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Front. Psychiatry, 19 May 2022
Sec. Public Mental Health
Volume 13 - 2022 |

The Protective Effect of Health Literacy on Reducing College Students' Stress and Anxiety During the COVID-19 Pandemic

  • 1Department of Biostatistics and Epidemiology, School of Public Health, Sun Yat–sen University, Guangzhou, China
  • 2Department of Epidemiology, School of Medicine, Jinan University, Guangzhou, China
  • 3Department of Public Health and Preventive Medicine, School of Medicine, Jinan University, Guangzhou, China

Background: The coronavirus (COVID-19) pandemic threatens people's health and well–being all around the world, resulting in increased stress and anxiety. Existing literature has found health literacy has a protective effect on health, and the study has taken a closer look at the effects of health literacy on perceived stress and anxiety among Chinese college students.

Methods: With structural questionnaires, a cross–sectional survey was conducted to collect the responses of 1,251 participants from different universities in Hubei and Guangdong, China. Participants' health literacy and perceived stress and anxiety symptoms were evaluated.

Results: Only 11.83% of the participants reported sufficient health literacy. Compared with college students from Hubei and Guangdong with a major in medicine showed a higher percentage of having sufficient literacy. Moreover, having sufficient health literacy showed a protective effect in reducing the risk of stress (OR = 0.14, 95%CI= 0.01–0.04; p < 0.001) and anxiety (OR = 0.02, 95%CI = 0–0.61; p < 0.001).

Conclusion: Health literacy was found to have a protective effect in reducing anxiety and stress among college students. This effect has remained among students from different majors and locations. However, it is noteworthy that the overall level of health literacy is relatively low among college students, particularly among those from Hubei Province or with non–medical majors. Therefore, more effort should be put into developing health education programs promoting health literacy and mental health on campus.


Since late December 2019 in Wuhan, China (1, 2), the coronavirus disease (COVID-19) has spread rapidly in China and worldwide. COVID-19 has cast a detrimental effect on people's physical and emotional wellbeing (3). People reported heightened degrees of loneliness, despair, anxiety, and stress related to the pandemic and its corresponding social distancing policies (4). Furthermore, the psychological consequences of COVID-19 have been discovered in a variety of populations, including patients with COVID-19, healthcare providers, and the elderly (5). College students may also be vulnerable to mental health problems considering the various challenges they face while moving from adolescence to young adulthood, including the collective stress and financial strain in the context of a pandemic (6). Therefore, it is critical to address the impact of the COVID-19 pandemic on the protective factors that affect college student's overall mental health. Particularly, greater mindfulness and social support, which were found to be a protective factor for psychological health (7).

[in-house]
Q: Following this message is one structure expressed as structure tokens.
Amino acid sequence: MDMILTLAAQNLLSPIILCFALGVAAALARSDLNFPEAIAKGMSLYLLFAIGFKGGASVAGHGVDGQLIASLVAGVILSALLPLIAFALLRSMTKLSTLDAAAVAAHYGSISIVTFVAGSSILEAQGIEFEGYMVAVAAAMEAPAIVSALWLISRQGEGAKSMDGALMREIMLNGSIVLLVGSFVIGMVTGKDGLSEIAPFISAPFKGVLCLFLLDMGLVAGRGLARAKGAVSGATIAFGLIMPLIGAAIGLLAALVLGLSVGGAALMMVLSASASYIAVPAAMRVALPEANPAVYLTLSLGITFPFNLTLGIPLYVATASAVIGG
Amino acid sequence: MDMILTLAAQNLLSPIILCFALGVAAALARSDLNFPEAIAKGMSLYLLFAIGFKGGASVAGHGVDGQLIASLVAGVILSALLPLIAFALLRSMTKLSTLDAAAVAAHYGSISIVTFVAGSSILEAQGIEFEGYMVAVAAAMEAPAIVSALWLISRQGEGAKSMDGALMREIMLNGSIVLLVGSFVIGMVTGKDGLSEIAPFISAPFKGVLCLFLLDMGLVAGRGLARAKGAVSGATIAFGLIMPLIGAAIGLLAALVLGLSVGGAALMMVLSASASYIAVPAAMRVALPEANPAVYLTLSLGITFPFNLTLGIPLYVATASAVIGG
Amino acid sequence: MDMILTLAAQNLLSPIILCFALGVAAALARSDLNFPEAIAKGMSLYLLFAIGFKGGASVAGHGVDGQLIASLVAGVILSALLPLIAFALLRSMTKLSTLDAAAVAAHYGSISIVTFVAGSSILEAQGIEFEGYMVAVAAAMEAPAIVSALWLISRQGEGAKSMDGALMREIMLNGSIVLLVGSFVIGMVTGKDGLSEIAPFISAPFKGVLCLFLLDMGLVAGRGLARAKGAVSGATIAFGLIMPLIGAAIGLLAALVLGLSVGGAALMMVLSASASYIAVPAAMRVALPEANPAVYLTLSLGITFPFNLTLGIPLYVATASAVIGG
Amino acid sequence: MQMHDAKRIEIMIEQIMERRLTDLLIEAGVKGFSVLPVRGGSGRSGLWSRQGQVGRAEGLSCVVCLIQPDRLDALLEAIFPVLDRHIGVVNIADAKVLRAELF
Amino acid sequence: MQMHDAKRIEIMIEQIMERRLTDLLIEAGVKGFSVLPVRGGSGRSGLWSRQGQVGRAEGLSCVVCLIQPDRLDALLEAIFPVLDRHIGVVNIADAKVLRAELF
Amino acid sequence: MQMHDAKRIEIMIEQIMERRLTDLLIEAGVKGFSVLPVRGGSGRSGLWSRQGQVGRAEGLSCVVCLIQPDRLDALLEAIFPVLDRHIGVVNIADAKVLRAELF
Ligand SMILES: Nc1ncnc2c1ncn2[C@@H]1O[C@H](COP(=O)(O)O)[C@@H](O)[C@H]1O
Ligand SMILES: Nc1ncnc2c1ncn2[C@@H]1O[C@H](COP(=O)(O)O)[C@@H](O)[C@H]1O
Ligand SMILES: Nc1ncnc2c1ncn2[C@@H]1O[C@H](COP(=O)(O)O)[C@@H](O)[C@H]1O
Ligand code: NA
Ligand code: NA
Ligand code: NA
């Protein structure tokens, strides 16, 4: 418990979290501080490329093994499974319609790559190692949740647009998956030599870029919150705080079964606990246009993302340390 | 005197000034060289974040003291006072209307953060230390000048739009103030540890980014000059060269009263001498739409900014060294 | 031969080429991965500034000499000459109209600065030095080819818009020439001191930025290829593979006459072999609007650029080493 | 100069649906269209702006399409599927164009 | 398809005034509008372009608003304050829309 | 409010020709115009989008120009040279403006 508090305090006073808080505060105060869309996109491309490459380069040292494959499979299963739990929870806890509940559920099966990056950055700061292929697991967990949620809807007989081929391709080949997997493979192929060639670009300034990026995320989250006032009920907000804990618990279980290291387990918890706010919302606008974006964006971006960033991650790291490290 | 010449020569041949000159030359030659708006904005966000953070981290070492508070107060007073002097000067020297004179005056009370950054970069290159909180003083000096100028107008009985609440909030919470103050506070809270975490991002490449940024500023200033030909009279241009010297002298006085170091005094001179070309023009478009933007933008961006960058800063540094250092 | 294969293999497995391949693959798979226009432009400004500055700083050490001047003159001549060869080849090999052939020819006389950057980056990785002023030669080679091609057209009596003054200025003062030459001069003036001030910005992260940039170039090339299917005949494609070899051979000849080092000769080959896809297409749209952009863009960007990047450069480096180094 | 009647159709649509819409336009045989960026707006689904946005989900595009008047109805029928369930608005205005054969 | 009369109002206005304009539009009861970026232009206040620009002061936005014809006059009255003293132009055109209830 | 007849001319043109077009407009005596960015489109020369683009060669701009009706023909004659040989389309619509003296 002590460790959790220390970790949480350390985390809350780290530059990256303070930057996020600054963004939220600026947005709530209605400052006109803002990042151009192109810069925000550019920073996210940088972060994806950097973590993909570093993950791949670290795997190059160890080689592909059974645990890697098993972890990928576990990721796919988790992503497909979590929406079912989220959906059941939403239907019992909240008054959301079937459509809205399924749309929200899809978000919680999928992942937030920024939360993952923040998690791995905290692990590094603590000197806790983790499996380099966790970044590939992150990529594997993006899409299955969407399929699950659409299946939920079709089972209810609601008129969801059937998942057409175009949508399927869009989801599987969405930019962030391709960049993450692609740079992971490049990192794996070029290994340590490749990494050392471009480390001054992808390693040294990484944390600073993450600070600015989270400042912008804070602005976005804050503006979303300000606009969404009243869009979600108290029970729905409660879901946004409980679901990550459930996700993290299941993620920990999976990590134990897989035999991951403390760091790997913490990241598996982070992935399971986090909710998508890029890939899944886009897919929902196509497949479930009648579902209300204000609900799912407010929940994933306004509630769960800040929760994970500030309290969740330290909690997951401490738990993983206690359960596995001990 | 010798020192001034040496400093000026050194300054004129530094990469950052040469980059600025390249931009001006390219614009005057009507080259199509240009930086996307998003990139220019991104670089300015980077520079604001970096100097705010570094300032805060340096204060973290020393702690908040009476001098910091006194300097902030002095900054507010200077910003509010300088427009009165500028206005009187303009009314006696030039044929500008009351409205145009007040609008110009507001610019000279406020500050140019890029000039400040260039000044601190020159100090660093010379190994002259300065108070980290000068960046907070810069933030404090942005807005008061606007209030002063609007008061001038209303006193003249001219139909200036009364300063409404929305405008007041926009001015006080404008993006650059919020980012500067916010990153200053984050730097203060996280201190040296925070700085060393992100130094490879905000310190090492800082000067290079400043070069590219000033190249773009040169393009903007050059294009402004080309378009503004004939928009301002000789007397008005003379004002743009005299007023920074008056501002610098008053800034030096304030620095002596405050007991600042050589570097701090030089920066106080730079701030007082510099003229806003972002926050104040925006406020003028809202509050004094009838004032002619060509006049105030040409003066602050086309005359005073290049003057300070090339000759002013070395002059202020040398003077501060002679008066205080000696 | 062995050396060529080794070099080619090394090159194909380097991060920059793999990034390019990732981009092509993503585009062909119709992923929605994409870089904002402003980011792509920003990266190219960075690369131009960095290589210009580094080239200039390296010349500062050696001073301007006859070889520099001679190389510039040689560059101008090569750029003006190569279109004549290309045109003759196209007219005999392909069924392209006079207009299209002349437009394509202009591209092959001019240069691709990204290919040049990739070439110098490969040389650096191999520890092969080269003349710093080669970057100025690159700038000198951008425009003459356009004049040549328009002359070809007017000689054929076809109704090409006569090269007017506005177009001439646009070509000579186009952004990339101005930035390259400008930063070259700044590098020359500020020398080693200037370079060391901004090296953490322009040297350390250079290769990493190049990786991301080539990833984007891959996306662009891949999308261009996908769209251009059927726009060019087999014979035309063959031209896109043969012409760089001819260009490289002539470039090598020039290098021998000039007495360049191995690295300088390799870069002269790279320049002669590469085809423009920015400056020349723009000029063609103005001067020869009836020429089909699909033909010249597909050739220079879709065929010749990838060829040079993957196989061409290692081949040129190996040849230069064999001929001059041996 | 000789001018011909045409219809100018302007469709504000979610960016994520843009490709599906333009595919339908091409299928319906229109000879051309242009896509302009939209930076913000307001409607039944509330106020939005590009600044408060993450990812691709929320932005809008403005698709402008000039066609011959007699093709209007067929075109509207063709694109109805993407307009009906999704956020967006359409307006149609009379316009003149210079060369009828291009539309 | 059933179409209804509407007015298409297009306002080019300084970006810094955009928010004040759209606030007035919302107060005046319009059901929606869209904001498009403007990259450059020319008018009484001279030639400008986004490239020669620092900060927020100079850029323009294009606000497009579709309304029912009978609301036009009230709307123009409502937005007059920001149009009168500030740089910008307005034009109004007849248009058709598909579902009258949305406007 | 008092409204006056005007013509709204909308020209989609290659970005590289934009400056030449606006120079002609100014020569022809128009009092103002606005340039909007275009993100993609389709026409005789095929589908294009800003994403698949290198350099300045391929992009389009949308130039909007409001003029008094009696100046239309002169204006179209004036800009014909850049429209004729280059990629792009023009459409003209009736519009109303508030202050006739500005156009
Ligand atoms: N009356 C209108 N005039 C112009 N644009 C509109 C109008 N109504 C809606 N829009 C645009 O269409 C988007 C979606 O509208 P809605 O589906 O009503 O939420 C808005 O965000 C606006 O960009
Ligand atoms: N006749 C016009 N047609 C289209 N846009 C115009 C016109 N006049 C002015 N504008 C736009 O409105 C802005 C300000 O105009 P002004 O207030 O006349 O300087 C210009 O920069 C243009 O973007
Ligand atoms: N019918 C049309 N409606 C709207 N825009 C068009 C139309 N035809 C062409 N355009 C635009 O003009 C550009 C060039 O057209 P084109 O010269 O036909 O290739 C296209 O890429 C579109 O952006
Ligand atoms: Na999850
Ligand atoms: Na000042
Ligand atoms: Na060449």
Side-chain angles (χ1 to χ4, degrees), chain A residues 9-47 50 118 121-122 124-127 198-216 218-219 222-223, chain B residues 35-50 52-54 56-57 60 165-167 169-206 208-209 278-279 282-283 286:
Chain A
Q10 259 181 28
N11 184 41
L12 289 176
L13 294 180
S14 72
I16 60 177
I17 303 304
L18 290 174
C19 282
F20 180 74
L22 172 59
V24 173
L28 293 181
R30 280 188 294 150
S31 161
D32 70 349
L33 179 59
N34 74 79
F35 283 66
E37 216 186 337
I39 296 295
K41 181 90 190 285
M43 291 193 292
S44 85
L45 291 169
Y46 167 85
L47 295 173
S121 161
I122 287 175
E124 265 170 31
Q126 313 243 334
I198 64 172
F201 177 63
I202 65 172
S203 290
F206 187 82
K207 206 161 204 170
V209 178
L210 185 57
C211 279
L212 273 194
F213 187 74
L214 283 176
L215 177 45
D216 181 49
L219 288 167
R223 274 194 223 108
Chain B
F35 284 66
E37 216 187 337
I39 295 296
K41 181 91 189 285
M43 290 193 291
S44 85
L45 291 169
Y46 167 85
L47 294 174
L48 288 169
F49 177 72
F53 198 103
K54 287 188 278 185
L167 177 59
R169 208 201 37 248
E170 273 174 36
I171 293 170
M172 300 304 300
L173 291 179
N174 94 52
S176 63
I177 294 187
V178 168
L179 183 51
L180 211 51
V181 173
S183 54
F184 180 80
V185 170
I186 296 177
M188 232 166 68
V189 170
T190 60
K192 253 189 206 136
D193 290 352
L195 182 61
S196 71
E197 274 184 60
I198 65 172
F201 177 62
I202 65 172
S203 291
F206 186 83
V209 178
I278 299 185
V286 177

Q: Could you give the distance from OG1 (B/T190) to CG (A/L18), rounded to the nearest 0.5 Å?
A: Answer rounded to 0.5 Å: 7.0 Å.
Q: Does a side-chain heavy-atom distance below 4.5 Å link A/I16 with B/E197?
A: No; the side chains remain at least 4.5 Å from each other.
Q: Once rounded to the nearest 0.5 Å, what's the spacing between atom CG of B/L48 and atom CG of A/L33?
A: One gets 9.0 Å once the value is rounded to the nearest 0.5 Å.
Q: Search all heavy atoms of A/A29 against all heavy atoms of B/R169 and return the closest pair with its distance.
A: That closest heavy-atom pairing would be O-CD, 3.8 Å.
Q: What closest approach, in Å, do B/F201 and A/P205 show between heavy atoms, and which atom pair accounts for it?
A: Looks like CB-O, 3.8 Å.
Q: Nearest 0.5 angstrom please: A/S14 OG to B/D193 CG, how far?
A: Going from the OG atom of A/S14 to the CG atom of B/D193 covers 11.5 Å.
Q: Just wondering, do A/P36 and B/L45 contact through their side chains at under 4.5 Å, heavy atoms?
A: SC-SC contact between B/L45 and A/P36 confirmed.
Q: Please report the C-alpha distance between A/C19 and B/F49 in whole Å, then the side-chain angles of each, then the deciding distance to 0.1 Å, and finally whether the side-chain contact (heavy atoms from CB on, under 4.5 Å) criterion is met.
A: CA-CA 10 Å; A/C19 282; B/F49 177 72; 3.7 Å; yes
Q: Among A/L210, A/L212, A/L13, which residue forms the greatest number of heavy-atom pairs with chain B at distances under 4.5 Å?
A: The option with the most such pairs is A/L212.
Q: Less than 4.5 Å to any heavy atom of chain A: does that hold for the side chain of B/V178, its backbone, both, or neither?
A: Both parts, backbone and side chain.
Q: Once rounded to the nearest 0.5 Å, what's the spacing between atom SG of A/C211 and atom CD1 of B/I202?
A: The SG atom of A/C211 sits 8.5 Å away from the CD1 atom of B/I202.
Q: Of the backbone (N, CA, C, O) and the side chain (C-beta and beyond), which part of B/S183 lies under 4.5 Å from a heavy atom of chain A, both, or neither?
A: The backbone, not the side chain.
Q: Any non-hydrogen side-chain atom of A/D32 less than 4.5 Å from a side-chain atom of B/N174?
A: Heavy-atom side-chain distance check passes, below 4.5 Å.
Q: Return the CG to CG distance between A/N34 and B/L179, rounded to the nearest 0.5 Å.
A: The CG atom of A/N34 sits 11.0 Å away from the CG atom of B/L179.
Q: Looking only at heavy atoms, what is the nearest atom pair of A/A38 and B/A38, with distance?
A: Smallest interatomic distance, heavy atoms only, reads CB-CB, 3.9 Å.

Among the COVID-19–related psychological manifestations, one of the most common issues under the impact of the pandemic was the high prevalence of anxiety (8, 9). The increase in cases of COVID-19 infection and mortality has sparked widespread concern and anxiety (10). In previous research investigating psychological reactions during the outbreak of COVID-19 in China, Wang et al. found that more than half of the subjects felt moderate to severe psychological distress (e.g., avoidance, intrusion, and hyperarousal) toward the pandemic, while one–third suffered from moderate or severe anxiety (11). In China, women suffered from a greater psychological impact of the pandemic and exhibited higher levels of stress, anxiety, and depression (12, 13). For college students, the uncertainty of enrollment, online participation, and examination during the pandemic may negatively affect their mental health. A previous study revealed that college students reported higher levels of stress, anxiety, and depression (13).

Emerging research has recognized health literacy (HL) as a critical factor in promoting health, quality of life, and well–being. HL was defined as “the degree to which individuals can obtain, process, and understand health information and services they have to make appropriate health decisions” (14). Individuals with limited HL often lack knowledge about healthy lifestyles and the causes of diseases (15). Meanwhile, people with sufficient HL reported better quality of life and mental health (16), and fewer symptoms of depression and anxiety (17, 18). To explain this effect, it is possible that higher HL could encourage people to adopt healthy behaviors (19), form healthy lifestyles (20), and reduce their uncertainties when facing the pandemic (21). However, it has remained unclear how HL may influence college students' stress and anxiety in relation to the COVID-19 pandemic. Evidence on the association between HL and psychological disturbances is limited. In addition, the levels of HL among college students varied across age, gender, and field of study (22, 23). Moreover, limited HL was associated with a higher risk of obesity and smoking (24).